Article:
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07 June 2018 Photo Supplied
Emotional safety during examinations

Mid-year exams have begun and with crunch time comes emotional upheaval. However, it is manageable and should not deter you from the end-goal of succeeding in your studies while maintaining high mental health standards.

“The exam period is a time when stress and anxiety levels are higher than usual. Stress can be positive and help you stay motivated and focused. However, too much stress can be unhelpful and can make you feel overwhelmed, confused, exhausted and edgy,” says Dr Melissa Barnaschone, Director of Student Counselling and Development at the University of the Free State (UFS).

According to Helpguide.Org: Trusted guide to mental & emotional health, “Mental and emotional health is about being happy, self-confident, self-aware, and resilient. People who are mentally healthy are able to cope with life’s challenges and recover from setbacks. But mental and emotional health requires knowledge, understanding, and effort to maintain. If your mental health isn’t as solid as you’d like it to be, here’s the good news: there are many things you can do to boost your mood, build resilience, and get more enjoyment out of life.”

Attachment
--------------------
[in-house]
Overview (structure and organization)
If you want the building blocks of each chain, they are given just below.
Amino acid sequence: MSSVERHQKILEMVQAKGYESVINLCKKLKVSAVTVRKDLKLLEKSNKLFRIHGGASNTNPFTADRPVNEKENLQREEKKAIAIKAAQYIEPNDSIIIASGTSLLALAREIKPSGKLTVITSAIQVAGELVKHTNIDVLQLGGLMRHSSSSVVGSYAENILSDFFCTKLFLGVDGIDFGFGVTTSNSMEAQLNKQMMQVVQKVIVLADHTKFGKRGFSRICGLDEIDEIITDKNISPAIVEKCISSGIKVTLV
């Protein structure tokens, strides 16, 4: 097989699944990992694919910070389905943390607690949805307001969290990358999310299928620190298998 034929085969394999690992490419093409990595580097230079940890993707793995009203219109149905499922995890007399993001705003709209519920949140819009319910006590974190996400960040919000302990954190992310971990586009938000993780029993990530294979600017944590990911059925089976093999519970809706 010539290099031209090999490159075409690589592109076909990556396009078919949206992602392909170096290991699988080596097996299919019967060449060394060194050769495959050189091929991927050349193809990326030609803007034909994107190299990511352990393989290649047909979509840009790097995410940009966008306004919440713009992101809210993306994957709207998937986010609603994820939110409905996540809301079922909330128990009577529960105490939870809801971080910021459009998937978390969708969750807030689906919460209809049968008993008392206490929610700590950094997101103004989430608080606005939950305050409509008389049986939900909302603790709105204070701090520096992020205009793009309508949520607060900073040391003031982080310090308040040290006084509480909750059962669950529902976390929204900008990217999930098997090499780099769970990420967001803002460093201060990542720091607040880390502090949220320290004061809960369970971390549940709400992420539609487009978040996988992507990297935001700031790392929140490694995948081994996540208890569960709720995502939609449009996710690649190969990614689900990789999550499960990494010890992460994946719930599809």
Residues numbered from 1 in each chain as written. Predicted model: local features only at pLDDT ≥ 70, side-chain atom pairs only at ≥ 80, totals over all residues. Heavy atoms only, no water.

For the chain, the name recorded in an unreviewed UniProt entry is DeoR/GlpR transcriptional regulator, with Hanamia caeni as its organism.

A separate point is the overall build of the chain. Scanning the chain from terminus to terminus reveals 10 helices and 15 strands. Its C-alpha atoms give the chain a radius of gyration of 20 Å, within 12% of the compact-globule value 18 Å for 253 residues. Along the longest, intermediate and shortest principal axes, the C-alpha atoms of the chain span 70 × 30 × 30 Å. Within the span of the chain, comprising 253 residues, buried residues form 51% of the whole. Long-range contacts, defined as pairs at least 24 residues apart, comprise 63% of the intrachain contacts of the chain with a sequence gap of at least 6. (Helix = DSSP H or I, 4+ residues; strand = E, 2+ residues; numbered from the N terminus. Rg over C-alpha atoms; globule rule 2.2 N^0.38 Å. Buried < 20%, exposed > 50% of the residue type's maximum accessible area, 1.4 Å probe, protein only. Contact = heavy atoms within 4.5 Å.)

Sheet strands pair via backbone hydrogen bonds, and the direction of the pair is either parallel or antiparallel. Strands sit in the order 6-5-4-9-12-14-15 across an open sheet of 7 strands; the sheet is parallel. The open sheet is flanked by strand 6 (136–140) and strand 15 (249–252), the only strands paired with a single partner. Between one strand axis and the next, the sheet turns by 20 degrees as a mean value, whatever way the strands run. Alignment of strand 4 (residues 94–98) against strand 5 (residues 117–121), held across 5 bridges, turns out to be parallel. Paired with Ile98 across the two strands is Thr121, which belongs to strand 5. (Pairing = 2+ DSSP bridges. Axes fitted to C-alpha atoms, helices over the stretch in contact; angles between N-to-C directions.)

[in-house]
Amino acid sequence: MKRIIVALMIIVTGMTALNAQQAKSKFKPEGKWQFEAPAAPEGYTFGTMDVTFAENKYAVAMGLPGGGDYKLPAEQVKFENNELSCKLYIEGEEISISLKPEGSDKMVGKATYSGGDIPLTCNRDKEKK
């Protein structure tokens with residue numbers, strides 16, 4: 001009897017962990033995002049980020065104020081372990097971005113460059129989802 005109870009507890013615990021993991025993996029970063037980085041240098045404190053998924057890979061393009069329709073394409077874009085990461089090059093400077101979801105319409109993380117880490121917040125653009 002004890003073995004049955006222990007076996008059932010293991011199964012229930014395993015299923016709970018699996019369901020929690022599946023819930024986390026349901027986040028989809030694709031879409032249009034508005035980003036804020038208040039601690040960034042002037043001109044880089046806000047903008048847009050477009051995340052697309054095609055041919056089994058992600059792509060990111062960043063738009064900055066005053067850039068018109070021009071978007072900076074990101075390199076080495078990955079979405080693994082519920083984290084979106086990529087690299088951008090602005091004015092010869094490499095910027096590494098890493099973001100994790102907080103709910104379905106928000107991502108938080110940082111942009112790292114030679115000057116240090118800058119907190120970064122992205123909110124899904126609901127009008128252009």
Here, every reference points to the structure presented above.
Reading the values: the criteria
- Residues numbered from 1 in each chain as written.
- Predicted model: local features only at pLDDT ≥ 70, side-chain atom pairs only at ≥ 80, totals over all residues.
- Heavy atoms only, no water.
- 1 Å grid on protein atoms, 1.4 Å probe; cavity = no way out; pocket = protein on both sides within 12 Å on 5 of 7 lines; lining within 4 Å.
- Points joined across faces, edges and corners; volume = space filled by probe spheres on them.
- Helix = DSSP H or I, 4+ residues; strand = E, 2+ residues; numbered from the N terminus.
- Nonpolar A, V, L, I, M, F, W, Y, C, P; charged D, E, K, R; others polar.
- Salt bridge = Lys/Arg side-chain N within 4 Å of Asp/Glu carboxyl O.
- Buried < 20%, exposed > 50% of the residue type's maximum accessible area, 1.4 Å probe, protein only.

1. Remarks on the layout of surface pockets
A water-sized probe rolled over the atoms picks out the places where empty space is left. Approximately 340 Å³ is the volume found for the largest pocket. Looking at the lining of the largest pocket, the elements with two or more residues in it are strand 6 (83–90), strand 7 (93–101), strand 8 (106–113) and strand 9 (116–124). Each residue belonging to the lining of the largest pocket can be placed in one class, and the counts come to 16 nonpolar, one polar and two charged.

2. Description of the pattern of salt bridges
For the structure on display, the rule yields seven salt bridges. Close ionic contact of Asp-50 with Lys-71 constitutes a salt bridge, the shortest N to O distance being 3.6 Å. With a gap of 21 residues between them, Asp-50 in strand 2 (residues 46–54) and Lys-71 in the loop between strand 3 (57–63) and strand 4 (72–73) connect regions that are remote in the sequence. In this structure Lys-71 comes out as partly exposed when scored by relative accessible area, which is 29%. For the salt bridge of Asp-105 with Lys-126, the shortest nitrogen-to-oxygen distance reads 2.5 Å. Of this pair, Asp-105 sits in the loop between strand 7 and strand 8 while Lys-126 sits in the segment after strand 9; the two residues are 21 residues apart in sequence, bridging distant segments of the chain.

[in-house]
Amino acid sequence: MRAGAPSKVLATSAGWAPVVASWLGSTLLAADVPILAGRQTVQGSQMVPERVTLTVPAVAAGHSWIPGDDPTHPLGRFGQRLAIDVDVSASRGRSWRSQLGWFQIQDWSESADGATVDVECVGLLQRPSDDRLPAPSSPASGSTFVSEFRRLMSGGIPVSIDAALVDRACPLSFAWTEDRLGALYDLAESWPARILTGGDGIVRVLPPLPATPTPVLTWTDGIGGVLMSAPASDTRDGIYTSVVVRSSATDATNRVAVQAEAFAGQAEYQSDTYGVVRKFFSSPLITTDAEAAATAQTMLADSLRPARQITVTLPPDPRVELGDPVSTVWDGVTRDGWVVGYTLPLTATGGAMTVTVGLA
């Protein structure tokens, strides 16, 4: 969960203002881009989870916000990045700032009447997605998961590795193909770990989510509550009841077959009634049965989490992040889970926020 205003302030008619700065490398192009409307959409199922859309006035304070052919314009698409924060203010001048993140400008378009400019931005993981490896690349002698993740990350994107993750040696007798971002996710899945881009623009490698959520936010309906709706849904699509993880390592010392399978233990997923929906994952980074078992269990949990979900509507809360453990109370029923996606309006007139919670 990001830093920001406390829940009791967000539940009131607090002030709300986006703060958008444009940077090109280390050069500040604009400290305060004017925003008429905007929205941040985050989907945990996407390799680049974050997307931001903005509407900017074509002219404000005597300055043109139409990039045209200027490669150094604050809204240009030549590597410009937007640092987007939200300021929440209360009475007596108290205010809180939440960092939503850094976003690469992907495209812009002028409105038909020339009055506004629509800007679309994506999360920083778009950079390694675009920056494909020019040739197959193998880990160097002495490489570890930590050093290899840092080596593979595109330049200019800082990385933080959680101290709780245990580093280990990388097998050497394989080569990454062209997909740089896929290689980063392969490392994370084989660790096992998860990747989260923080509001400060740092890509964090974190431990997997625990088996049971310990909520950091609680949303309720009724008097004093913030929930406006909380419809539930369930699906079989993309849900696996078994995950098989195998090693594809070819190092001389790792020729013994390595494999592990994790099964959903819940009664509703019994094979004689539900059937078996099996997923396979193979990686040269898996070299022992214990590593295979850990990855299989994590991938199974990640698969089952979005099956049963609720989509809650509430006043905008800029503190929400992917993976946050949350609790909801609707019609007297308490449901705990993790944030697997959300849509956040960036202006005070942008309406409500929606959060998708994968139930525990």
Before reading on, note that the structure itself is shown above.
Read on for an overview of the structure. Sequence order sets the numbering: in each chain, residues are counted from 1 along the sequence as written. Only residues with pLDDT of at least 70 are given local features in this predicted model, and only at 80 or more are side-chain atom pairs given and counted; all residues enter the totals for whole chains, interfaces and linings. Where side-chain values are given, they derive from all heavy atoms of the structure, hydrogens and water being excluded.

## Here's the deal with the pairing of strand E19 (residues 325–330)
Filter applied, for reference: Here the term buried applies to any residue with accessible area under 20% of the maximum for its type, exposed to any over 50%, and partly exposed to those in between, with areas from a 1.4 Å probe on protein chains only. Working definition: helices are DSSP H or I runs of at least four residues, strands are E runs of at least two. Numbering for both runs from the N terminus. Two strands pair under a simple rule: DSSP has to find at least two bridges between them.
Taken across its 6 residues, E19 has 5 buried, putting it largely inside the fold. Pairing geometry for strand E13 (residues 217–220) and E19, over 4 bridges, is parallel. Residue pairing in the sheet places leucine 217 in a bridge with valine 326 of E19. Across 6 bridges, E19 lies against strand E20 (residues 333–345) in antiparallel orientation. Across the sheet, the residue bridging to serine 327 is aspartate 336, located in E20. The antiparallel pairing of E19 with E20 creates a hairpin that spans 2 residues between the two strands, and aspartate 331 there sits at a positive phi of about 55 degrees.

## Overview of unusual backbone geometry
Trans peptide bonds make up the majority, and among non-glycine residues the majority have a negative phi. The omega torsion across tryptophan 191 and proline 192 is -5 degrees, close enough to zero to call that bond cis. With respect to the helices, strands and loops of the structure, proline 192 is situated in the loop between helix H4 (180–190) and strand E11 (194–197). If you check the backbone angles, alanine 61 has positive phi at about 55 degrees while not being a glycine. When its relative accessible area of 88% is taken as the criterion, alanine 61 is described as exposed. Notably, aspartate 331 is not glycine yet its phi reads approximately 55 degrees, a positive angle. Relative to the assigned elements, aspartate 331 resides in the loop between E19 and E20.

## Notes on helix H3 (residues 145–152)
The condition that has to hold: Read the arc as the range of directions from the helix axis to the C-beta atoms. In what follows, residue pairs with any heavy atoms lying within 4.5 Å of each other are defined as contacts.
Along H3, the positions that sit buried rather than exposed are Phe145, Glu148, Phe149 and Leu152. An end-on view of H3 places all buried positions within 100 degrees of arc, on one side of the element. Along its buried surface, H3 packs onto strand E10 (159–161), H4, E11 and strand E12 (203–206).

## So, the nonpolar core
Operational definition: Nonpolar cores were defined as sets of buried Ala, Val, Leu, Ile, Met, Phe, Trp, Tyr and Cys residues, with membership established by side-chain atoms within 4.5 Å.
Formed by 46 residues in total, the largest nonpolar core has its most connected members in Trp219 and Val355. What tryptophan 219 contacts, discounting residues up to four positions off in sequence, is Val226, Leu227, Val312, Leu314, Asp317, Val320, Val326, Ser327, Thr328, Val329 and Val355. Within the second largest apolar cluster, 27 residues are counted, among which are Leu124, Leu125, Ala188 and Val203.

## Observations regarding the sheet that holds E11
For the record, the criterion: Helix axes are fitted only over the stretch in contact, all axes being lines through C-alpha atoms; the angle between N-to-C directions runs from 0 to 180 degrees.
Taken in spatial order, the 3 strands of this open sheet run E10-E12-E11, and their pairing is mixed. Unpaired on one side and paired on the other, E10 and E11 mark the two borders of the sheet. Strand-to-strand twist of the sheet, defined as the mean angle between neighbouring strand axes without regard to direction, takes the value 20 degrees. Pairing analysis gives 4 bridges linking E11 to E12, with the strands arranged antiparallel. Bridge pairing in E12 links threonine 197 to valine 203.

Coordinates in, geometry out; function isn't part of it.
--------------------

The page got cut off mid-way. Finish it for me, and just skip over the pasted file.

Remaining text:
For further details on topics including: Building Better Mental Health, Emotional Intelligence Toolkit, Benefits of Mindfulness, Improving Emotional Intelligence (EQ), Cultivating Happiness, visit the Help Guide. 

Dr Barnaschone has a few tips on how Kovsies can better approach academic anxiety during the examination period. Here is what she has to say:

News Archive

From disregard to acknowledgment - the role of the Griekwas in South Africa
2006-03-09

The University of the Free Sate (UFS) is working in conjunction with the Griekwa nation on an initiative titled: From disregard to acknowledgment - the role of the Griekwas in South Africa.

The Griekwa National Conference (GNC) requested that research be conducted in conjunction with the UFS on various aspects linked to the Griekwa language, -culture, -history, - leadership, their role in the South African community (past and present) and the conservation of their historical cultural heritages. Four possible research focus areas  have been established, namely a documentary film, the Adam Kok house, ethno historical research and reading material for Griekwa leaders.

A historical meeting took place yesterday at the UFS where the Supreme Chief of the Griekwa nation was present. From left are Prof Frederick Fourie (Rector and Vice-Chancellor of the UFS), Chief Cecil le Fleur, (chairperson of the chiefs council of the GNC), Supreme Chief Alan Andrew le Fleur I, Rev Kiepie Jaftha (Chief Director: Community Service) and Prof Piet Erasmus (Department of Anthropology at the UFS).
Photo:  Leonie Bolleurs

 

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